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That Differential GPS stuff



To amplify a bit on my last posting (if you're not
interested, delete now),
















Or, yet another use for satellites.

Differential GPS is a way of partially overcoming GPS's
selective availability - an intentional scrambling of range
information to limit just how accurate a fix non-military
users can get with GPS. Typical SA accuracy is on the order
of 100 meters. Any more accurate and GPS becomes useful for
unfriendly people to perform unfriendly acts, if you
get my drift...

The net result is that GPS fixes tend to be fuzzy, producing
a cloud of fuzzy pseudo-fixes around where you really are.

Differential GPS is one answer to this. A differential GPS
beacon knows where it is, finds out where GPS says it is,
and broadcasts the difference. If you're reasonably close
to the DGPS beacon, the difference is applicable to you too.
Feed this correction information to a GPS receiver and you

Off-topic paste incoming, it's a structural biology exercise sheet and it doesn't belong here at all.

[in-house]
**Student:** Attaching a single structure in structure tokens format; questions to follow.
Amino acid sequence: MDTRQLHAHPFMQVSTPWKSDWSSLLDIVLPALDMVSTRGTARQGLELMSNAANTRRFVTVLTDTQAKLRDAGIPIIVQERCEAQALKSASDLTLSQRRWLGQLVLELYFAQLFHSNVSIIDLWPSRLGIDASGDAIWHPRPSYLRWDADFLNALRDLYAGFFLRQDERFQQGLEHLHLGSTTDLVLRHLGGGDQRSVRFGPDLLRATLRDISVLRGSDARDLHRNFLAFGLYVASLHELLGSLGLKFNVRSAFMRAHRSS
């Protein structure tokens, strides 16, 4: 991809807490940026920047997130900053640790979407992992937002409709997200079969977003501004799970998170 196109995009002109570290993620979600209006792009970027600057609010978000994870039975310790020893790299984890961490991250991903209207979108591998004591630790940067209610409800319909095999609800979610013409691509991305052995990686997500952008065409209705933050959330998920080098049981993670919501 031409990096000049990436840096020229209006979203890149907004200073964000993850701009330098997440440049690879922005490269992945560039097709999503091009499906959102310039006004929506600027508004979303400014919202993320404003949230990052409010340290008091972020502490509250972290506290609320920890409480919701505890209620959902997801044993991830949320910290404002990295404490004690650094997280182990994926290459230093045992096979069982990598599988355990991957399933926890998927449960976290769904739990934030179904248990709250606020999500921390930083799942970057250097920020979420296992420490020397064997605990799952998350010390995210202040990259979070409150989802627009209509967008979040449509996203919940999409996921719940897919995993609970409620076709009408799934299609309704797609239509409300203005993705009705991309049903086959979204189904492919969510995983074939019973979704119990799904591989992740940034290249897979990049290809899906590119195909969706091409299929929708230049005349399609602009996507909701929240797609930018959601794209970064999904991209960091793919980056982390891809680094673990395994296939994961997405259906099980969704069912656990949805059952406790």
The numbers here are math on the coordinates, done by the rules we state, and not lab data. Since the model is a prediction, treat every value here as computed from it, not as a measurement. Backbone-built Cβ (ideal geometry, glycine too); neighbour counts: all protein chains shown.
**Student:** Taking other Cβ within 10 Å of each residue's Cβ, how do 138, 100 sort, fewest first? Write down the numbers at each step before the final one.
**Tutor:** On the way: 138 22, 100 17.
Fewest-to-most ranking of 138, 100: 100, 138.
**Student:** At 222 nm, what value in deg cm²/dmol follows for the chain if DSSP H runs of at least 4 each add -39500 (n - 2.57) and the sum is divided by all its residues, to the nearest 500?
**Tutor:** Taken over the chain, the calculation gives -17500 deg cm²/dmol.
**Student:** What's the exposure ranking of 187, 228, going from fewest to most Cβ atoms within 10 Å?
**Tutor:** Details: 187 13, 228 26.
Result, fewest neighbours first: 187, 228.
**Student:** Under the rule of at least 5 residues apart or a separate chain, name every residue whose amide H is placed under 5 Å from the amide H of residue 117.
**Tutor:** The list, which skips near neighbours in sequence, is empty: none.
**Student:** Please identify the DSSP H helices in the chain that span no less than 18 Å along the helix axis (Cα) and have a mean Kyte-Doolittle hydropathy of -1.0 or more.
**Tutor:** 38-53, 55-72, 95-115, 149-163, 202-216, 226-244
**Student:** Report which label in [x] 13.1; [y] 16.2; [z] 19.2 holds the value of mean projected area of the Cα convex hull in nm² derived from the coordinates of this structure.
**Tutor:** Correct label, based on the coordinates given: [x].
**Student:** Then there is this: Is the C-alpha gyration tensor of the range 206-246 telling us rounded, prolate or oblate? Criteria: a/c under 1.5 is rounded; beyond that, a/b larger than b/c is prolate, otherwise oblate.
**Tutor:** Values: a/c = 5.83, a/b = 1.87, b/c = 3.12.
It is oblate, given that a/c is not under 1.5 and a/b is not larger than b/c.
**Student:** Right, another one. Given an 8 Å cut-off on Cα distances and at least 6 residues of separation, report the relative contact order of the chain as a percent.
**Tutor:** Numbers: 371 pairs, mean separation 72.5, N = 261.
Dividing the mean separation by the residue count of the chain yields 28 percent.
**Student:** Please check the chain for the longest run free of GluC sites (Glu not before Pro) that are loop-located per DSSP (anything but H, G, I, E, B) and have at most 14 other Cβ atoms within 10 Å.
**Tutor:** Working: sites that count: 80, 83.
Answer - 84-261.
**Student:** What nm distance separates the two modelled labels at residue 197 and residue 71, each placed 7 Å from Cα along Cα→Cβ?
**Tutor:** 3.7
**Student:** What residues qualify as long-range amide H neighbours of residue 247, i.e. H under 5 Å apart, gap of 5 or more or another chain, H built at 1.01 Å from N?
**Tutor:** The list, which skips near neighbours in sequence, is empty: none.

get much improved accuracy.

DGPS beacons transmit their data (100 or 200 baud) around
300 kHz, a frequency range already used for marine beacons -
the U.S. Coast Guard have been heavily involved, being
interested in things like navigating ships around harbours
and coastlines.

One person has already posted a DGPS receiver to the web
(http://web.abnormal.com/dgps/bix/ ), but I'm thinking
something a little more basic (direct conversion, analogue
tuning) to start with.

I'm also curious about the Russian navigation satellites
I hear going over (listen for data around 150 MHz) and
if I can extract any useful information from them.

Laura Halliday VE7LDH    "Laisse le vent tout emporter..."  
Grid: CN88hk IOTA: NA036         - Foly/Viennet

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